When Schalke’s Ralf Fährmann was rumoured, in the early part of last week, to be in the sights of Stuart Webber and Daniel Farke, I have to confess to having been caught a little off guard.
Not because I didn’t expect us to be in the market for another keeper – with the best will in the world, Michael McGovern has all the hallmarks of a Premier League number three – but because I’d assumed that anyone who came in would automatically do so as Tim Krul’s number two.
But Ralf Fährmann has pedigree and, it seems, is part of a group of German keepers who can legitimately claim to have ‘sweeper-keeper’ on their CVs – Manuel Neuer, of course, being the most notable of this bunch. All of which would make the Schalke keeper a great fit here.
The official line appears to be that Tim Krul and Fährmann (pronounced ‘Fear-man’, I’m told) will compete for the keeper’s jersey and ‘may the best man win’, but for the club to shell out a reported €3 million for a loan fee signifies a fair amount of intent. He’s not upping sticks from his homeland for ten months to come and sit on the bench.
Equally, Krul is not known for his faint heart or defeatist attitude, so it promises to be quite a battle, with McGovern mainly in charge of balls and cones.
I do wonder if there is another rabbit to be pulled out of the Webber hat before it all gets serious. It appeared we were, at some point, in for the Benfica midfielder, Filip Krovinovic, even though central midfield is not an obvious area that needs surgery.
The overriding message seems to be that sentiment plays no part in a squad overhaul when the Premier League awaits. Make no mistake, every single one of those players who participated in last season’s title win deserves a crack at the Prem, no question, but, equally, Webber, Farke and co will have discussed those they think may excel and those they think may fall short.
You can never have too many good players and complacency is not a word in Webber’s vocabulary. If they have identified a player they consider an improvement on what we already have and he’s available, then sentiment won’t come into it.
Successful organisations don’t tend to become so through just being nice, and loyal to those who have time served, and right now Norwich City Football Club is a successful organisation.
That ruthless streak clearly applies to the goalkeeping department, just as it does every department of the club, through from the playing side to the admin function to the media team, and everywhere in between.
Similarly, there is a clinical edge to the way the club goes about raising funds through its commercial activities right now – one that doesn’t sit particularly comfortably with some supporters. The prospect of the LeoVegas tie-in coming to an end was welcomed by those who questioned the ethics of partnering a gambling company, only for the frying pan to become the fire.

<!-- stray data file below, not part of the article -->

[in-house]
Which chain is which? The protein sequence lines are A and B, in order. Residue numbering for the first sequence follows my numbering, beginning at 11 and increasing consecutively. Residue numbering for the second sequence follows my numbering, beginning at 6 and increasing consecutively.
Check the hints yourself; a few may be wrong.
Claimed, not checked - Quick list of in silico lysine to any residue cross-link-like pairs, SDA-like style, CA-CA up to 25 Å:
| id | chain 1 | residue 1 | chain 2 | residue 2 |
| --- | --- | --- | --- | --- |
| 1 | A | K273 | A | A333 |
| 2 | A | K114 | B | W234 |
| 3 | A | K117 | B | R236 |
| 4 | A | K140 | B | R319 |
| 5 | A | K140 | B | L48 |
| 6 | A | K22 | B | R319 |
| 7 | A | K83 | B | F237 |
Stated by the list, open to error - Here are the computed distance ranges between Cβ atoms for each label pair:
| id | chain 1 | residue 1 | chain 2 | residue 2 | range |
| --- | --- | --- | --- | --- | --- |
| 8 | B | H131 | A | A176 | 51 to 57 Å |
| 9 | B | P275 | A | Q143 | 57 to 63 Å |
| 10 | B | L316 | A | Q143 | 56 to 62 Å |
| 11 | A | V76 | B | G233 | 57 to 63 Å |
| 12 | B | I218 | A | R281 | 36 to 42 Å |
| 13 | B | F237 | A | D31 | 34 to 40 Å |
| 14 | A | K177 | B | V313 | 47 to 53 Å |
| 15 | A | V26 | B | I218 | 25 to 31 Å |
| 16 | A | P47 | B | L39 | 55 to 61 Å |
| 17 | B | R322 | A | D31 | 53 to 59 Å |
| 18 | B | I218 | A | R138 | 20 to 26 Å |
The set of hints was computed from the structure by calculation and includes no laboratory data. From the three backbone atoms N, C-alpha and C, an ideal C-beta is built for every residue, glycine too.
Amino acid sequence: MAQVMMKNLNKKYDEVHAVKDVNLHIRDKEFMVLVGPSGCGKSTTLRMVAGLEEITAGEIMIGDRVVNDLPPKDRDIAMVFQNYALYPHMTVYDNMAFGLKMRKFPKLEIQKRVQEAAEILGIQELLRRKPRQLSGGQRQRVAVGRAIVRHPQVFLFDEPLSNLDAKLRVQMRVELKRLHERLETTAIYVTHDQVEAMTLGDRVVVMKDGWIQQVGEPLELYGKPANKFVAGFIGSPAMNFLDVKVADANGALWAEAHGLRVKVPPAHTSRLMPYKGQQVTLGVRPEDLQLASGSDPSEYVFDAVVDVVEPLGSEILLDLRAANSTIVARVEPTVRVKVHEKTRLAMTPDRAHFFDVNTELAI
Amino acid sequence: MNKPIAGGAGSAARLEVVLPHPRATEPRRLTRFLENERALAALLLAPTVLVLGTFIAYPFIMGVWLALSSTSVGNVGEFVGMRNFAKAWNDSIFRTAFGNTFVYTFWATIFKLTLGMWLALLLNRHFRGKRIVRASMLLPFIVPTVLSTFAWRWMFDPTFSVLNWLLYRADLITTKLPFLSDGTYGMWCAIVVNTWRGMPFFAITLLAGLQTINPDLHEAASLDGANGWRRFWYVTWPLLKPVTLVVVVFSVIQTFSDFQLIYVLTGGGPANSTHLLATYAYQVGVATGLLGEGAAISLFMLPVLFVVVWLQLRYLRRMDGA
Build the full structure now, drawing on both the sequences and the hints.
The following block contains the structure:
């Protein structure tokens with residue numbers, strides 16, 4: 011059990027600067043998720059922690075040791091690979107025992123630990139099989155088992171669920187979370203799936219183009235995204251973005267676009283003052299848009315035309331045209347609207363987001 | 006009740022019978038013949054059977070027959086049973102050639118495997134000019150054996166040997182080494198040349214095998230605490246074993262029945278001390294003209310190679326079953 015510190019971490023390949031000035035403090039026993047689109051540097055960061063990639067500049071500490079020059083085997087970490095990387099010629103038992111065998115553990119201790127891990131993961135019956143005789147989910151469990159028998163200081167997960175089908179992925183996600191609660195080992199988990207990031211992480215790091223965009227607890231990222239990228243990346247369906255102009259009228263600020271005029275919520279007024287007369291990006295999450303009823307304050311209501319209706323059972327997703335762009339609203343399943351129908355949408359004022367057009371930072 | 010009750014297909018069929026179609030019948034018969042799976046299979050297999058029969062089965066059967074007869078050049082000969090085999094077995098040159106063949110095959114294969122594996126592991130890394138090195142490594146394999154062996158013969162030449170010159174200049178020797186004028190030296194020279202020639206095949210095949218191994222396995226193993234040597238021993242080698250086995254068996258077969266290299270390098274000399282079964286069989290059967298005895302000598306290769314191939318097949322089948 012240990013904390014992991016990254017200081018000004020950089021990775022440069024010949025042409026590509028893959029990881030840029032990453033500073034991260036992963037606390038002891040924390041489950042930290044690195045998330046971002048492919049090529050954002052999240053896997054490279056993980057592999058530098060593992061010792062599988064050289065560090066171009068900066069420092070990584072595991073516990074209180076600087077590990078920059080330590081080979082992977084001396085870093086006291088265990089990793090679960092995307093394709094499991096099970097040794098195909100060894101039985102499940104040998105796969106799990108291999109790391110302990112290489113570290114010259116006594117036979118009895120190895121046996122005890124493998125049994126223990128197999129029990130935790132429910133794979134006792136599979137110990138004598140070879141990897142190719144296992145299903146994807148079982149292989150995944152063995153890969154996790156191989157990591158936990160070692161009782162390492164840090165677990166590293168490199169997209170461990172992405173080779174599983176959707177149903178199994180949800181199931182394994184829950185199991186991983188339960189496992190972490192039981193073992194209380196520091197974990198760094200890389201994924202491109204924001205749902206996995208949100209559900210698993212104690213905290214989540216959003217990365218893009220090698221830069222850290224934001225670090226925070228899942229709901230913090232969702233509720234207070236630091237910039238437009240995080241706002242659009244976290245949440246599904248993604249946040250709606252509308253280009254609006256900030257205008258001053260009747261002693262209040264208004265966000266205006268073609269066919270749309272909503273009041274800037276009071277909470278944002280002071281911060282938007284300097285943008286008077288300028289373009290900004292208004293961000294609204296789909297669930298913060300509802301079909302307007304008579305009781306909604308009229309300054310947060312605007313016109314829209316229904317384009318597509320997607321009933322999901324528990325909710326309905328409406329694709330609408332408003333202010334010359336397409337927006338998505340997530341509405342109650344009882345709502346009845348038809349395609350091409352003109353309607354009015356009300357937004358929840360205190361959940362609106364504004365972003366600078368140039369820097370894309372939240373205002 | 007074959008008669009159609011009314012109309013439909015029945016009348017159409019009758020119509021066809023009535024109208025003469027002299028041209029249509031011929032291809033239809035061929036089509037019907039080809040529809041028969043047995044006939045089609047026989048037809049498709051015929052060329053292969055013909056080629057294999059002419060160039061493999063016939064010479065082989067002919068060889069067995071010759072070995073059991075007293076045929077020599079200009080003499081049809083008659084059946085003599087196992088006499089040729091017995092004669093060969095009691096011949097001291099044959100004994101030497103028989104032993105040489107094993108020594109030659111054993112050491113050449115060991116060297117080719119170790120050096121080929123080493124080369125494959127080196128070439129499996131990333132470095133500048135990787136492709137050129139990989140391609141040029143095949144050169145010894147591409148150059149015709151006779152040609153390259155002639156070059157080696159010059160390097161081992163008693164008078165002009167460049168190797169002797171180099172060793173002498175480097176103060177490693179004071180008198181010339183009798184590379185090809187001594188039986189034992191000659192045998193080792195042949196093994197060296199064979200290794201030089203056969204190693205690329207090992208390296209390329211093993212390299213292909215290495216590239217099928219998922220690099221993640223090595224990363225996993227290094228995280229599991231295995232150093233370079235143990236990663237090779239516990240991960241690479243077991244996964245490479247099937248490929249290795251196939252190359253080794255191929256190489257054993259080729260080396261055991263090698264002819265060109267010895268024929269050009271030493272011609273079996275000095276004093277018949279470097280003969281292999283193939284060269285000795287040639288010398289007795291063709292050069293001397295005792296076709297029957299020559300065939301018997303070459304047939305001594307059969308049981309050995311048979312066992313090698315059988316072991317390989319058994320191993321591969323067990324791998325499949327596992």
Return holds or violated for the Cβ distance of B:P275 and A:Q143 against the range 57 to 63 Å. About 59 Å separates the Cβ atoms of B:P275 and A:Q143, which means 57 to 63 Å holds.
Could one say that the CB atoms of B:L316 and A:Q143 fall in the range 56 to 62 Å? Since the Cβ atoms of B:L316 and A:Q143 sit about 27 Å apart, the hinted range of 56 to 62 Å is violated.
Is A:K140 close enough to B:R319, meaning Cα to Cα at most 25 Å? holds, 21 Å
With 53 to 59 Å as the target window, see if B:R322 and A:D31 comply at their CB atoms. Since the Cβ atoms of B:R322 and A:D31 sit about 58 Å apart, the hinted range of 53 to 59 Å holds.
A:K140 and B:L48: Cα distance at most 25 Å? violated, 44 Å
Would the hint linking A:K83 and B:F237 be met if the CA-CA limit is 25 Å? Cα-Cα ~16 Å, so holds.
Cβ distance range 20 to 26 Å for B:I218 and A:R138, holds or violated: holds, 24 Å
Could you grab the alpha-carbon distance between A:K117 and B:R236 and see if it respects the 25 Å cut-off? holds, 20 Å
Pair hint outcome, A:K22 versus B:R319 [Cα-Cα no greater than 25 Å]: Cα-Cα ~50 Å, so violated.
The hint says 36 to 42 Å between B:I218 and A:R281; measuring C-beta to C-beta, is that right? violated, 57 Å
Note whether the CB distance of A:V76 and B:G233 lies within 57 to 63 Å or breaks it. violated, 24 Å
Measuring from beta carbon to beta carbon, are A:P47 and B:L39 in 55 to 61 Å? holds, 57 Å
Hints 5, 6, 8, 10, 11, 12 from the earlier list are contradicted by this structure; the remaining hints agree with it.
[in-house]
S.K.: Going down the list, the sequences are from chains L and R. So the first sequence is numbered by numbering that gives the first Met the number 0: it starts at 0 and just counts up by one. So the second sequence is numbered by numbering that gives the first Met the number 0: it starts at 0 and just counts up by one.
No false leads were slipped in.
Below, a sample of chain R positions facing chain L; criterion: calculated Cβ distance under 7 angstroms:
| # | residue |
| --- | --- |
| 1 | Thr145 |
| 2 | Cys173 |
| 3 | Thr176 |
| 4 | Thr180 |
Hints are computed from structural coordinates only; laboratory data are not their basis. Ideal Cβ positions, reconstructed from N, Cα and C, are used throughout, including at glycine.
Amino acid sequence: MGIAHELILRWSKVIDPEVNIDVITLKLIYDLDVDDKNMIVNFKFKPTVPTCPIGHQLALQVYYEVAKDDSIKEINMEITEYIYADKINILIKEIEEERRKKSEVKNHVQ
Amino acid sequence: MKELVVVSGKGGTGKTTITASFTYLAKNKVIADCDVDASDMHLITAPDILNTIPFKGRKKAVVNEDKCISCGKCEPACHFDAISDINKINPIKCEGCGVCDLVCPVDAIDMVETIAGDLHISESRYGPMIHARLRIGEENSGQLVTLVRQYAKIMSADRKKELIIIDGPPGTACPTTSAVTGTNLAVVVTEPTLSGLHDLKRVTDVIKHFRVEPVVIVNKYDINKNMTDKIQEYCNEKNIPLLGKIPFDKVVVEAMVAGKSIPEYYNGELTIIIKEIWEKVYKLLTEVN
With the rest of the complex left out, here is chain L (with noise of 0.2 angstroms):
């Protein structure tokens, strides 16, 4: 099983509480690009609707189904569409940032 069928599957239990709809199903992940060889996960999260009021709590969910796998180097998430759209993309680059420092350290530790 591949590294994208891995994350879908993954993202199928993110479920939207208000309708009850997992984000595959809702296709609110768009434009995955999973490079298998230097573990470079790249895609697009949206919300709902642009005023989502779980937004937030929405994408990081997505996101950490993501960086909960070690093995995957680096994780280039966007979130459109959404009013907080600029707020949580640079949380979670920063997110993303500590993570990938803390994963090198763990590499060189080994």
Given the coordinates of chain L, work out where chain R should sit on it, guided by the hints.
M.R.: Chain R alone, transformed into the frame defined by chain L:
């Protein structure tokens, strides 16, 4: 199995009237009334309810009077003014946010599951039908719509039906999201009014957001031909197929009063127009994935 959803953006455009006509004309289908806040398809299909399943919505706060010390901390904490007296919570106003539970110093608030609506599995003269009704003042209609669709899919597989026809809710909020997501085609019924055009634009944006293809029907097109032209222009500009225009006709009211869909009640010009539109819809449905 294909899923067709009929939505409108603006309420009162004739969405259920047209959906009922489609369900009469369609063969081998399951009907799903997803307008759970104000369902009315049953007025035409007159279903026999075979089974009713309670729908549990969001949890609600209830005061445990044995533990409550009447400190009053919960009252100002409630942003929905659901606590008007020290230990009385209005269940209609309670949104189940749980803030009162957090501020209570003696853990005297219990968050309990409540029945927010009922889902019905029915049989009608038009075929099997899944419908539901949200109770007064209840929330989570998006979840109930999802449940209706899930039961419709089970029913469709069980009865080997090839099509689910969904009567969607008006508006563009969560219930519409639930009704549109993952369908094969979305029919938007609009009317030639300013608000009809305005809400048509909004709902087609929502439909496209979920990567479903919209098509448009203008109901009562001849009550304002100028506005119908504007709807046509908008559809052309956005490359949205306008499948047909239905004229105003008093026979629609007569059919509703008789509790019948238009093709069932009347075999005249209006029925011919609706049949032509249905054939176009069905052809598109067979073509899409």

Ben Kensell’s attempt to explain it away as Dafabet being Asian-facing as opposed to UK-facing was about as convincing as his revised explanation of the membership scheme, but ultimately he’ll see both as storms that have to be ridden out. His job is to raise funds that will bolster the playing side of the club, not appease those who question the ethics around how those funds are raised.
Talking of which, the club is about to receive a significant boost in the I&E line that reads ‘Merchandise (replica kits)’. For anyone who is yet to see the launch video of the new kit, please watch it…
And if that doesn’t get the hairs on the back of the neck standing up, nothing will. The appetite for the new season is now well and truly whetted.
Congratulations must go to the video production team who excelled themselves, with the array of City legends, including a lingering glimpse of Justin on the tunnel wall, providing the perfect backdrop to the eventual sight of Teemu Pukki adorning the new kit.
In one minute 12 seconds, they manage to encapsulate perfectly what it means to support Norwich City. In their own words; For the County. For the City. For every single fan – all a far cry from the hard-nosed decision-making that has taken us from Championship to Premier League season.
So, there are folk at the club who get it, while others make the tough decisions that make many of us shift uncomfortably, but we’re about to enter the most unforgiving, ruthless and cash-laden league in the world.
Whether we like it or not, there is a price to be paid if we wish to be competitive – especially being the only self-funded club in the league – and further down the line, I expect there to be more decisions that will strike a chord for the wrong reasons.
That, people, is the environment in which we now find ourselves. We don’t have to like it but, I fear, we do have to accept it.